A wide stretch of white sand beach will enthrall first time visitors in this part of Salcedo, Eastern Samar. There is, however, a grim story behind this new “paradise.” Before super typhoon Haiyan, the landscape was dotted with tall coconut trees and several houses. Some houses were made of concrete. No house was left undamaged.
Lives, too, were not spared. An old couple brought their grandchildren to the evacuation center. The grandfather returned home to get more things and was followed by his wife when he did not return soon enough. Both perished during the storm surge. Members of a household living in a concrete house thought their place was strong enough to withstand the storm. They were wrong, two died.
The two villages, where the beach can be found, were the worst hit in Salcedo. Of the town’s 29 total casualty count, 21 came from the two villages. On the beach, one will find what has been left of the coconut trees washed away by the seawater—roots. One will also find what was once an asphalt road now completely covered in sand.
Similar stories of lives and livelihood lost are shared by Salcedo’s neighboring town of Giporlos, where 12 died.
Both are partners of the Zuellig Family Foundation. With funds from the US-Philippines Society (USPS) and the California based group Direct Relief, they received relief packs of hygiene kits, rice, noodles, canned goods and water. The first wave of distribution occurred between November 24 and 25 and benefitted over 4,000 families. Another batch of more than 4,000 relief packs for the two towns plus General MacArthur municipality will be distributed within the week.
Salcedo Mayor Melchor Mergal is grateful for the aid given to their town. He knows, however, that his town faces a tougher challenge ahead. Ninety-five percent of his town was affected by Haiyan. With acres of coconut trees devastated, majority who are into copra have lost their source of livelihood. Mergal says it will take at least five years for coconut to grow and bear fruit.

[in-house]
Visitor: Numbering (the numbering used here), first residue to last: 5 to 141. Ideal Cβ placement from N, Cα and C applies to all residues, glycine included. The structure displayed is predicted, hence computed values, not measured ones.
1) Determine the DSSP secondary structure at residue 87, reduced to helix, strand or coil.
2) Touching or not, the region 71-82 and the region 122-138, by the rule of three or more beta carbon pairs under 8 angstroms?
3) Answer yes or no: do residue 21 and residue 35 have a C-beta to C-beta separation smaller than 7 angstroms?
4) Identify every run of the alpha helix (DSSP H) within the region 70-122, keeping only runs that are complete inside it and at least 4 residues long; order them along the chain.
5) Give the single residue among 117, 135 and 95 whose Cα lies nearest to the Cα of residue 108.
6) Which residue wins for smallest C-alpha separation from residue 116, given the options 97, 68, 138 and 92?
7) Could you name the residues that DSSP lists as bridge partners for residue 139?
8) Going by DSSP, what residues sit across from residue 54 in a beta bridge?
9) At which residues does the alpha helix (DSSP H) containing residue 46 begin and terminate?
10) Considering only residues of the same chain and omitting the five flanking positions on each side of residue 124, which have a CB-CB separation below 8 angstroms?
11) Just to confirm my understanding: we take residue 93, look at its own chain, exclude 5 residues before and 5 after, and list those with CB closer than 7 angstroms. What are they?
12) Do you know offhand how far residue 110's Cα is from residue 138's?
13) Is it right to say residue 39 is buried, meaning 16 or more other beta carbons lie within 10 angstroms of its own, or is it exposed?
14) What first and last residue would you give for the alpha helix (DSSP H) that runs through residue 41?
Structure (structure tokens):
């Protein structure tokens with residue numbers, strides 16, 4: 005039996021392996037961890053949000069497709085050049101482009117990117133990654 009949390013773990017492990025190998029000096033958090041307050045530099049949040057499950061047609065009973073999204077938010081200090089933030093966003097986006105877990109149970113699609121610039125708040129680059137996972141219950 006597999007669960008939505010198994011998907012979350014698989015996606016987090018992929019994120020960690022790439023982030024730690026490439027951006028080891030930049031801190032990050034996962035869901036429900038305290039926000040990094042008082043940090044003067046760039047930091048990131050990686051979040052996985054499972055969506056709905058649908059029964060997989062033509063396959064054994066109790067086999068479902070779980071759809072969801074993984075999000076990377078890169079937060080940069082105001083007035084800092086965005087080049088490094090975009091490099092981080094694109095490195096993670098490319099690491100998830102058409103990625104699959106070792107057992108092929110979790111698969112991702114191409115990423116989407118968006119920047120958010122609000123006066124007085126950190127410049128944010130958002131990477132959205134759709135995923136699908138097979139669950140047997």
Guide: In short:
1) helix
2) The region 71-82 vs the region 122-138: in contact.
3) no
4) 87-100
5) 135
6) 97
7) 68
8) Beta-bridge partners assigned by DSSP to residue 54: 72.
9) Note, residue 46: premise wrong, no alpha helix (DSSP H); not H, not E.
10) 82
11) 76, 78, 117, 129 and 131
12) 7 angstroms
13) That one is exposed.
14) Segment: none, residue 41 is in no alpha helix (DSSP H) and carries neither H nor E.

Fishermen in his town and in Giporlos also lost their gears and the motors of their boats. Farmers have been asking for seeds and fertilizers so they can start over.
Rural Health Units in both towns are in ruins, forcing both to treat patients in usable spaces in the municipal offices and making do with available equipment and medicines.
ZFF acknowledges the need to support the health and other needs of these local government units; hence, it has started making assessments. Like the help it got from the USPS and Direct Relief, ZFF hopes to mobilize resources to help rebuild lives of Haiyan victims.
The USPS is a non-profit organization based in Washington D.C. It aims to elevate Philippines’ profile in the US through its various programs on trade and investment, culture and education and community outreach. Direct Relief is a California-based non-profit organization that principally “provides medical assistance to people affected by poverty, natural disasters and civil unrest.”
ZFF has ongoing recovery programs in Eastern Visayas (see related video here). To help in these efforts, please get in touch with Sealdi Gonzales,email@example.com, or call her at (632) 8213329 local 117.